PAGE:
Well, we have made it to our last day in Canberra and Jayson was right we did have a group weigh-in! Collectively, we came out to be 1,439.2kg! Not too shabby if I do say so myself. Today we woke up to gloomy skies and rain, which remained consistent throughout the rest of the day. Not the best circumstance for a day packed with tours and site-seeing however we still learned a lot about Australian history.
After breakfast this morning at AIS, we hopped on a bus tour of the capital of Australia with our guide John. John gave us some preliminary background information about Canberra as we drove to our first stop. He told us that the designers of Canberra were two Chicagoans, Walter Burley Griffin and Marion Mahony Griffin. Being a Chicagoan myself, I was pretty fond of the fact I was in a city they designed. John mentioned in the initial background info that the Griffin’s modeled Canberra after our capital city Washington DC. After seeing the layout of the city from parliament steps we were able to see the similarities.
As John continued the tour, one fact we found particularly interesting was brothels are legal. In fact, they are governmentally run establishments.
When we got to our first stop we got to the majestic Mount Ainslie Lookout Point, which is 846 meters above sea level. Unfortunately, once we got there we had a beautiful view of pure fog. It was a bit of a disappointment, but we trekked along anyway and ended up at the Australian War Memorial.
At the War Memorial we walked around soaking up all the history of the Australians involvement in World War I, World War II, and other wars. After some self-obtained knowledge, we all gathered to watch actual footage from World War II from the eyes of the Australian Air Force. This was insightful because I feel as an American we sometimes don’t understand the sacrifices other countries made.
Next on our trip we stopped by the Australian Parliament House. When we walked into the foyer, John quickly explained that the numerous amounts of pillars we saw were meant to represent all of the trees that were cleared for construction. As we made our way through the large building our first major stop was the House of Representatives. As a group, we all found it fascinating that there was story behind why the House of Representatives had a green room. John said the green room was meant to match the color of Eucalyptus leaves. The earthy green color of the House was later contrasted by the vibrant red of the Senate. The Senate red resembled the color of the Eucalyptus tree when it is in full bloom. Both the Australian House and Senate are very similar to their English counterparts, however the designer of Canberra used the unique Eucalyptus colors to add an Australian flair to the building. Also in the tour of Parliament we saw many different works of art and one of the four remaining copies of the Magna Carta.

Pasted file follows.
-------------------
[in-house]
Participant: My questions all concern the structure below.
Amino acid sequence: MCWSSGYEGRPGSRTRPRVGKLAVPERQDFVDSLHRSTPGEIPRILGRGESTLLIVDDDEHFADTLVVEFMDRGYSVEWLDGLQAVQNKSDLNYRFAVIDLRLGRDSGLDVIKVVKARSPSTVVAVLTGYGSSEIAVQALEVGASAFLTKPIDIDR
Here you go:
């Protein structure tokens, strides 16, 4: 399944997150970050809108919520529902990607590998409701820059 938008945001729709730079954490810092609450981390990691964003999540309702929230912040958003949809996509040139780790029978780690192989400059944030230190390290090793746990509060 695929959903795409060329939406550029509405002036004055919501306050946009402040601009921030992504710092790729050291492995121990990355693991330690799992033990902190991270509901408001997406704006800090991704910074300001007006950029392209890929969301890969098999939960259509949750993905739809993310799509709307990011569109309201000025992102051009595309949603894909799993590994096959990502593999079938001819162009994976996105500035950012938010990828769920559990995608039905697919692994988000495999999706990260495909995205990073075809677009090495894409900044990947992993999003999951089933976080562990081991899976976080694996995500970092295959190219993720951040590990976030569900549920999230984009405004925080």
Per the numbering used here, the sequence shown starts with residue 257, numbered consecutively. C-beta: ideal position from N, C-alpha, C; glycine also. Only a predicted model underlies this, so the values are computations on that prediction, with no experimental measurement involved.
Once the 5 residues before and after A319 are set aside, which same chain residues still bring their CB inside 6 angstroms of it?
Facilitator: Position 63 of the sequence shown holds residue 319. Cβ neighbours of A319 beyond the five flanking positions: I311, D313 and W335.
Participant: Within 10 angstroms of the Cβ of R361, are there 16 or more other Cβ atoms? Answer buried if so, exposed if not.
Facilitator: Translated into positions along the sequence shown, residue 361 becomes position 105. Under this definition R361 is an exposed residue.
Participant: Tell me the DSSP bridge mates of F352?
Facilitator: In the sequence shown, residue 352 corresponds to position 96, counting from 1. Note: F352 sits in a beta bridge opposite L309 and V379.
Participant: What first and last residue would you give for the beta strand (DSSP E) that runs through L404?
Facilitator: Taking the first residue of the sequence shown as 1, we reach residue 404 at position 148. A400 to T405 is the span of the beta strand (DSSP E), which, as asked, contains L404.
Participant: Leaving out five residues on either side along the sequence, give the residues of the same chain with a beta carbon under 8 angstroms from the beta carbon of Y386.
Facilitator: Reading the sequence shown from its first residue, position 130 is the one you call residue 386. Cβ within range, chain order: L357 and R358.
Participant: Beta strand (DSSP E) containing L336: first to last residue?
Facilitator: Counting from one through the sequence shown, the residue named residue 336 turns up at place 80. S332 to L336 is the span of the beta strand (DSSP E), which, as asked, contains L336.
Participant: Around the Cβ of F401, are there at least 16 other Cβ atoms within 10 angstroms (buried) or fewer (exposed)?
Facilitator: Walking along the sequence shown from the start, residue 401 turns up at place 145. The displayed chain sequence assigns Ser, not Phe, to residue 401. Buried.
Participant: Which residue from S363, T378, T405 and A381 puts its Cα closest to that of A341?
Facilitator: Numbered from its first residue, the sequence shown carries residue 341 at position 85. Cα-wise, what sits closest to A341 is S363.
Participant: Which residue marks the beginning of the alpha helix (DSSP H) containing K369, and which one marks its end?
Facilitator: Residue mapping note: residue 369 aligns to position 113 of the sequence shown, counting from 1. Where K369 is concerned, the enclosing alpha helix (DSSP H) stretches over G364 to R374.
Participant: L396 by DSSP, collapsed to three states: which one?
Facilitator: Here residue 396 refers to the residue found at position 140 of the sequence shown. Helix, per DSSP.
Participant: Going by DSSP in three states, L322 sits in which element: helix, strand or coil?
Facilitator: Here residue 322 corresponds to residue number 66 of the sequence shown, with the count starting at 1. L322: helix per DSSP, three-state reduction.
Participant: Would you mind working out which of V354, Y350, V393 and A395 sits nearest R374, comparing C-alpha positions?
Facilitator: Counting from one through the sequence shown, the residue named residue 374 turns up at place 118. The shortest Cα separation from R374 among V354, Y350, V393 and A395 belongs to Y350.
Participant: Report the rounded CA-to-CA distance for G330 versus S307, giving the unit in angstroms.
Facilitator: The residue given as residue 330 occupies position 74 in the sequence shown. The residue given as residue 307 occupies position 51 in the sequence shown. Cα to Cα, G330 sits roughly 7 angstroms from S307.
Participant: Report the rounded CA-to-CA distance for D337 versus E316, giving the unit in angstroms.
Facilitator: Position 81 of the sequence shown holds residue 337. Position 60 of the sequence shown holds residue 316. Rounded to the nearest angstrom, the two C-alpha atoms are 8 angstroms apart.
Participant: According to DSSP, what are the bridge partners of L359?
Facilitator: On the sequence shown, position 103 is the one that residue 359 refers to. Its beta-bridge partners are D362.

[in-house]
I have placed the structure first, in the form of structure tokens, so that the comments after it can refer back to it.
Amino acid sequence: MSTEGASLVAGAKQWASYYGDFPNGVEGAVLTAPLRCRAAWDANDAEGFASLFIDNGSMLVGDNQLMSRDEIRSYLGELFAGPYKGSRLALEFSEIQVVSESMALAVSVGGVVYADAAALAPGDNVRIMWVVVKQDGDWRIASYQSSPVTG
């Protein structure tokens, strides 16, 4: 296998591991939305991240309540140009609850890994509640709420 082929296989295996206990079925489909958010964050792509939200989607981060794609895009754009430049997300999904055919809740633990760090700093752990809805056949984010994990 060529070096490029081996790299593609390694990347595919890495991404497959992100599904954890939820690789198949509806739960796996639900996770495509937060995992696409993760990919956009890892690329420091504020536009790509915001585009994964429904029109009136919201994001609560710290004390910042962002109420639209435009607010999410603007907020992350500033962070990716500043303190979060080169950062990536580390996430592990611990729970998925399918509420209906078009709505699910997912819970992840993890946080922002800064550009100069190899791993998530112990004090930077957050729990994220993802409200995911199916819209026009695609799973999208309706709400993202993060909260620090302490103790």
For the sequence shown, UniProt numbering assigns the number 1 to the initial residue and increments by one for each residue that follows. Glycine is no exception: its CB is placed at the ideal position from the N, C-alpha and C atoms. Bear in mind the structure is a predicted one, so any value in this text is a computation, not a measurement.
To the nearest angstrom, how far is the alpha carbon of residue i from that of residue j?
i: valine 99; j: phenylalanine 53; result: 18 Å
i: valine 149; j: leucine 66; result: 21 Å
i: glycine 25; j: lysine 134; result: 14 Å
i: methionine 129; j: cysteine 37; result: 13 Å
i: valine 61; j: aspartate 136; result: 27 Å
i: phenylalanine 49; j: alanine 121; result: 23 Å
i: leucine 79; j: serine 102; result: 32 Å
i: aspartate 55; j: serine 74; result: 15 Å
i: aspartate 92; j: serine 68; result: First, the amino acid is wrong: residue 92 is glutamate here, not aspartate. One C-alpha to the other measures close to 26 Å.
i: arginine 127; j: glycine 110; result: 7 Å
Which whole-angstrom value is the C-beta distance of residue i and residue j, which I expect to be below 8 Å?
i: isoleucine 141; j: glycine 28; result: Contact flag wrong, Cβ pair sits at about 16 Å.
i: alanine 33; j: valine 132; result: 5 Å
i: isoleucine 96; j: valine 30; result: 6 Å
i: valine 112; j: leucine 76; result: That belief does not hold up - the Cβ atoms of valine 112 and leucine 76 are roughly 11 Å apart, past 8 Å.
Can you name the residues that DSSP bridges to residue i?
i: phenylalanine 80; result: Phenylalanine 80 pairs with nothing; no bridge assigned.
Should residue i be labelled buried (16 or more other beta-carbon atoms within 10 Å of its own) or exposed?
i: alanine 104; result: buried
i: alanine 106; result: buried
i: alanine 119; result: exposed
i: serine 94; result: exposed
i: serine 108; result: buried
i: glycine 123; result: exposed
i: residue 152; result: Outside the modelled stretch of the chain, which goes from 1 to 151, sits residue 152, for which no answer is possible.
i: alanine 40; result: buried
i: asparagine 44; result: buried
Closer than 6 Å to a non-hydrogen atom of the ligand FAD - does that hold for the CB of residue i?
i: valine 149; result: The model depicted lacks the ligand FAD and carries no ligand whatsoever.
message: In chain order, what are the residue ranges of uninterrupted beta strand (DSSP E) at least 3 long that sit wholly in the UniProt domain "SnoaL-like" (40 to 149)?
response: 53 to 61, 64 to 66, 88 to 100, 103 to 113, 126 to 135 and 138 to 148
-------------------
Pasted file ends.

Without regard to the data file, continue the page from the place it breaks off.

We then left the Parliament House and headed for the Australian Museum. On our way to the Museum John drove us through Embassy Drive. This is where the Embassies and High Commissions for other countries are located. It was intriguing to see the different architectural designs for each country. The majority of us were amazed at how much larger the U.S. embassy was compared to the others.
After that we finally made it to our last stop at the Australian Museum. Most of us were exhausted by this point, but we kept going and were marveled with the history of the aboriginals, and their artifacts. After a long day of learning and site-seeing we were ready to head back.
I would like to thank John, our tour guide, for providing us with great enthusiasm and information. John was very knowledgeable, but we enjoyed his light-hearted sense of humor as well. For instance, he told us this joke… “What is the difference between unlawful and illegal? Unlawful means against the law and illegal is a sick bird”. This was only one of the many jokes he told along with some funny Australian lingo like, chunder and bloke. John also put us Americans in our place when he kept telling us that we were not pronouncing Australia correctly.
After the tour, most everyone at this point went back to their rooms to start preparing for the long train ride ahead. We enjoyed our last free dinner AIS provided to us, even though I ran right into the revolving door when trying to enter the dining hall. Overall, I think all of us learned a lot of valuable things today and over our whole stay in Canberra.
Thanks again to Lisa, Linda, Regina, and Shanna for providing us with a well-planned and enjoyable week. We cannot wait to see what Melbourne has in store for us, but time sure is flying by! We will keep you posted on our travels, but Kerby JOOOONES will be back on Monday to blog about our first day in Melbourne!
Walkway leading to the tomb of the unknown soldier
House of Representatives
Money stairs at the Australian Mint
John, our tour guide, and myself
At least two people learned something today ;)